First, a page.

6. 6. IRC • WPE Emergency Rapid Assessment, Lebanon AUGUST 2012 • 6Many participants reported incidents of sexual violence perpetrated against women and girls in prisons. Allgroups provided descriptions of women and girls who participated in demonstrations, consequently beingtargeted for arrest, and then raped and tortured while in prison. Participants reported that male prisonerswere often forced to witness these acts.Key informants from among service providers and the community confirmed the presence of sexual violencesince the onset of the conflict in Syria. Fourteen of the 20 key informants identified rape and sexual violenceas a key risk for women and girls, primarily while still in Syria. One community member reported that withinher own family, two sisters were kidnapped, raped, and their bodies were returned to their home after theirthroats had been cut. Many key informants confirmed that these acts were often perpetrated to target anddishonor men.Participants in all the female groups confirmed that though early marriage was commonplace prior to theconflict, since the conflict elements of it have changed significantly. For example, focus group participants,particularly those under the age of 18, reported that early and coerced marriage has increased and theaverage age of girls marrying has decreased. Girls are reportedly married earlier (sometimes as young as12) as an act of “protection” by their families.ii Additionally, girl-child survivors of rape are frequently marriedto their older cousins or other male members of the community, to “save their honor.” Adult and adolescentfemale group participants reported families marrying daughters to “rich Syrian” or Lebanese men inexchange for money to pay rent, or in exchange for free accommodation or reduced rent. One focus groupparticipant related an incident involving her friend, “My friend has a young daughter. The landlord came toher and said, ‘Either pay your rent or you must leave. Or I marry your daughter.’ She gave the man herdaughter.”Intimate Partner Violence “If a man kills his wife, no one does anything. It just happens.” - Adult female FGD participantThough focus group participants did not highlight intimate partner violence as a general security or safetyconcern, when the discussion focused on a scenario of IPV, all female participants confirmed that this isamong the most common types of violence women currently experience (in displacement). This scenarioresonated particularly with adult women, especially those over the age of 25. Participants reported thatintimate partner violence had in fact increased since the conflict, attributing this to exacerbated levels ofstress, anxiety, and feelings of powerlessness among men since the conflict. One woman reported, “Myhusband is so angry all the time now.”Similar to focus group participants, key informants did not reference intimate partner violence as a “type ofviolence faced by women and girls since arriving in Lebanon.” However, when specifically asked about“violence in the home” almost half of key informants selected this as a key safety and security concernfacing adult women in the communities (fewer identified this same type of violence as a key safety concernfor adolescent girls).Sex to SurviveWhen asked about a scenario involving survival sex, all groups (both male and female) acknowledged thatthere are women and girls within the community who have been forced to engage in sex in exchange formoney, resources, or access to certain services and assets, particularly costs associated with rent andaccommodation. “There are always men who are coming to families with many daughters and offering to help.” - Adult female FGD participant From Harm to Home • Rescue.org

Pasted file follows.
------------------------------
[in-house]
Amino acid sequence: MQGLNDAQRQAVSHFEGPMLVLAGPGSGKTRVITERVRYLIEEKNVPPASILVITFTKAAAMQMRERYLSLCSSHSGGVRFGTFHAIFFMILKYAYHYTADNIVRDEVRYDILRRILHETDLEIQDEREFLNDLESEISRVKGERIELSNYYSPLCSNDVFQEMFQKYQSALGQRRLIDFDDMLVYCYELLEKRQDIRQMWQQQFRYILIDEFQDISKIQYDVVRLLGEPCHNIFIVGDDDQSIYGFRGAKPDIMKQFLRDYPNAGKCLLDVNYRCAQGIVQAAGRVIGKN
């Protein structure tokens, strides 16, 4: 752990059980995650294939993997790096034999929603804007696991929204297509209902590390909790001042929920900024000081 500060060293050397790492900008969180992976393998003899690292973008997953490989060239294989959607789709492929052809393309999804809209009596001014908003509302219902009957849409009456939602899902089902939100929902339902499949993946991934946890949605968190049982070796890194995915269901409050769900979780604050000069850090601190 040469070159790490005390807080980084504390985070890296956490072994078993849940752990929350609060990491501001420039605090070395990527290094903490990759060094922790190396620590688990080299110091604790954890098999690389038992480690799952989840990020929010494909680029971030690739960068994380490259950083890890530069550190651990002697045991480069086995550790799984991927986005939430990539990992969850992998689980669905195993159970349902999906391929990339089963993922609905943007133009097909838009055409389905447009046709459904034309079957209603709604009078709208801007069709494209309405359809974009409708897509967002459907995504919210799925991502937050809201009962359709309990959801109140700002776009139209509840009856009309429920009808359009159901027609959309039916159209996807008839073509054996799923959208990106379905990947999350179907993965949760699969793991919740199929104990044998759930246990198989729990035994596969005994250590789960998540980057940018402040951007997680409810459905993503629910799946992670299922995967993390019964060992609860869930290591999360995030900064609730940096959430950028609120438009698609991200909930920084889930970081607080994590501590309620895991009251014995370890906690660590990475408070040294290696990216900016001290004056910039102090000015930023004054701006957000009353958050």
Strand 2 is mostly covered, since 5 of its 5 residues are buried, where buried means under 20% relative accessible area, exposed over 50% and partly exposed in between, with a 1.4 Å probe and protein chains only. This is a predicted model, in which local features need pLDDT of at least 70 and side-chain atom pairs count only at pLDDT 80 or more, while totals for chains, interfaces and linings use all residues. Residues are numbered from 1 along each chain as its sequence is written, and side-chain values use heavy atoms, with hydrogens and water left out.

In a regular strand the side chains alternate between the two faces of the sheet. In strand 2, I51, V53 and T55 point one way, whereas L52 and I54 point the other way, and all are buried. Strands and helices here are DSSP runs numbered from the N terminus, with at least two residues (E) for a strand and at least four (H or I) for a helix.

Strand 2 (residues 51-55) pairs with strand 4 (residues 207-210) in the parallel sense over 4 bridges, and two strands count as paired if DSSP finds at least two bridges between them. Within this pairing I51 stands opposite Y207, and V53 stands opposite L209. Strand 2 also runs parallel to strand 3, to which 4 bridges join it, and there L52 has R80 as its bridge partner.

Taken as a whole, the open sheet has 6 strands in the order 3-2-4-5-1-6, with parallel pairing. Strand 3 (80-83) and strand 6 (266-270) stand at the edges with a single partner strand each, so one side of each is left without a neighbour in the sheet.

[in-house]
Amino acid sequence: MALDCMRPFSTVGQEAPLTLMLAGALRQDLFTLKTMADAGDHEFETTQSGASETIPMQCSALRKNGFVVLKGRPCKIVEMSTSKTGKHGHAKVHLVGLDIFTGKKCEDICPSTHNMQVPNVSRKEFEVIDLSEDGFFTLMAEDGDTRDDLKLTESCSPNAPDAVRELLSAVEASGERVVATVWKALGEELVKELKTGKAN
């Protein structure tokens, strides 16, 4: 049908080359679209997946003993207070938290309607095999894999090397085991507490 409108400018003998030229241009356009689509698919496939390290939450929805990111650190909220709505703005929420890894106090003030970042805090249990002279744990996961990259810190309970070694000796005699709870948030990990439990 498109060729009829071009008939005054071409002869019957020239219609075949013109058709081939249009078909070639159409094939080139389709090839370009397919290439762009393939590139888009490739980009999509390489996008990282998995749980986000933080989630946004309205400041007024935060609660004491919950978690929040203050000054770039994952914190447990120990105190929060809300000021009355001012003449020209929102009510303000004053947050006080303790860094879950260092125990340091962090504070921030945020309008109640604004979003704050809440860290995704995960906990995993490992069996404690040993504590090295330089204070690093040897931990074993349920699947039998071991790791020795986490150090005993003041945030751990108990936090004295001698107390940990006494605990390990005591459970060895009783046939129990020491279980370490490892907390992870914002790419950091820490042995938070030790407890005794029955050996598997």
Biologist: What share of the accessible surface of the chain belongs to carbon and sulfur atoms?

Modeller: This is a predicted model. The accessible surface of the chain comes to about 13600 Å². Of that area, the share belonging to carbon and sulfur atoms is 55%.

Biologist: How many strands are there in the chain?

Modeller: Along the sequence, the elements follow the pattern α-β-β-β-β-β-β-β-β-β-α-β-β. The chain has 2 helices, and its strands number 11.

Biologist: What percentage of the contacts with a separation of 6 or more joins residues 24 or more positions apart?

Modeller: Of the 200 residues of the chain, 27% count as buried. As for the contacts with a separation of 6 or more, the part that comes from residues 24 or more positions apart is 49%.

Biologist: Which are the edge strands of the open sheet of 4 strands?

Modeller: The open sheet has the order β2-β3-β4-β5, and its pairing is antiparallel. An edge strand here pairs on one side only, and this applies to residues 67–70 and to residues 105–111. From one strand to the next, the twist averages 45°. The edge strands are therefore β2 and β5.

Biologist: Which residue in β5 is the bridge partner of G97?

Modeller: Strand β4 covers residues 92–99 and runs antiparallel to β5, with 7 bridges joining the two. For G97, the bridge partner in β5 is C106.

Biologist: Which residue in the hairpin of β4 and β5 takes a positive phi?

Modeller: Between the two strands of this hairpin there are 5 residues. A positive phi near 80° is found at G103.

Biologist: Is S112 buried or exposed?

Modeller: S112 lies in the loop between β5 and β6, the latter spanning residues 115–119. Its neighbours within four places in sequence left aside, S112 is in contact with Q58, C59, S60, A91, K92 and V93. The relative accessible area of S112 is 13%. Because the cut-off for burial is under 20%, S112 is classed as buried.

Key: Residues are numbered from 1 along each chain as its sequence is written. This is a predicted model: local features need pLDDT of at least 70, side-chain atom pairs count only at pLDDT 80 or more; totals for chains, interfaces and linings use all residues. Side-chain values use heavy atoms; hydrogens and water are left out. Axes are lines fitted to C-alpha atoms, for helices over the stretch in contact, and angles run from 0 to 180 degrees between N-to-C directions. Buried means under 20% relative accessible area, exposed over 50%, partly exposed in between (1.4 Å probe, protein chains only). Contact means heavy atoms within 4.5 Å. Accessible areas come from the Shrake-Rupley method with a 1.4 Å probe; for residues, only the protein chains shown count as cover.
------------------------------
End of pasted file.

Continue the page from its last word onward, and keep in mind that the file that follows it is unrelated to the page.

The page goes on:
7. 7. IRC • WPE Emergency Rapid Assessment, Lebanon AUGUST 2012 • 7Male focus group participants in both groups felt that though this activity was likely to be occurring, menwould be least likely to hear directly about the incidents as their reaction would “cause a scandal.”Nearly half of the key informants reported hearing stories from within the community that women wereresorting to having sex in exchange for money, typically to cover the costs of rent. These same keyinformants stated that women were engaging in multiple activities to increase their access to income. Inaddition to survival sex, they reported that women and girls were selling food from distributions, and otheritems circulated in small-scale NFI distributions. There were multiple reports among key informants of ashortage of services (stating that many distributions were ad hoc, inconsistent, and did not provide fullcoverage of the selected populations), a significant increase in cost of living (everything from cost of rent tocost of food) between Syria and Lebanon, and the presence of “men with money” coming to locations inwhich refugees are living, “looking” for women and girls.Ability to Safely Access Support and Services and Help-Seeking ConsiderationsAbility to Safely Access ServicesAmong all focus groups, real and perceived fear of mistreatment by service providers was reported as themost significant and pressing reason that women and girls are unable to access services. Over half of thekey informants noted “fear of mistreatment” as one of the main barriers. This was reinforced by participantsin multiple focus groups. “In Syria, we fled from death. Here we are living in humiliation.” - Adult female FGD participantWhen asked about barriers to accessing services for women and girls, key informants listed the following inorder of frequency: fear of mistreatment by service providers; inconvenience of locations; most do not knowabout the services; it is not safe for women and girls to travel to the locations; girls and women are notpermitted to access these services by their families; and the hours are not convenient. Other barriersincluded “priority is given to men”; “cost is prohibitive”; and “fear of kidnapping”.Participants in all the groups reported that discrimination and mistreatment by local NGOs were preventingthem from getting support. When attempting to access services, participants reported feeling “humiliated,as if we were begging.” All the groups, both male and female, provided numerous examples ofdiscrimination against Syrian refugees when trying to obtain assistance and services (from localorganizations not receiving support from international NGOs or the UN). Several groups also reportedstruggling when accessing services, particularly those provided by municipal groups, because they lackedproper documentation. One woman in Tripoli stated, “Many of us lost all our documents when our houseswere looted and burned. They tell us to go back to Syria to get our documents. How can we go back?”The assessment team observed that while many small NGOs exist, there are few coordination bodies inplace with the ability to monitor adherence to international standards for humanitarian response and provideneeded technical or other support. More transparent and accountable processes for aid distribution areneeded to ensure that all refugees have safe access to assistance. Focus group participants would reportproblems in accessing basic goods, particularly in food distributions led by men. Humiliation and verbalabuse were reported as key problems for Syrian women.Key informant interviews, some with organizations that were identified as GBV service providers, revealedthat many GBV-specific services are in need of technical support if they are to respond to the needs ofsurvivors. Many health and emotional support services identified as “GBV” were general and not targeted toGBV survivors or to reproductive health needs. From Harm to Home • Rescue.org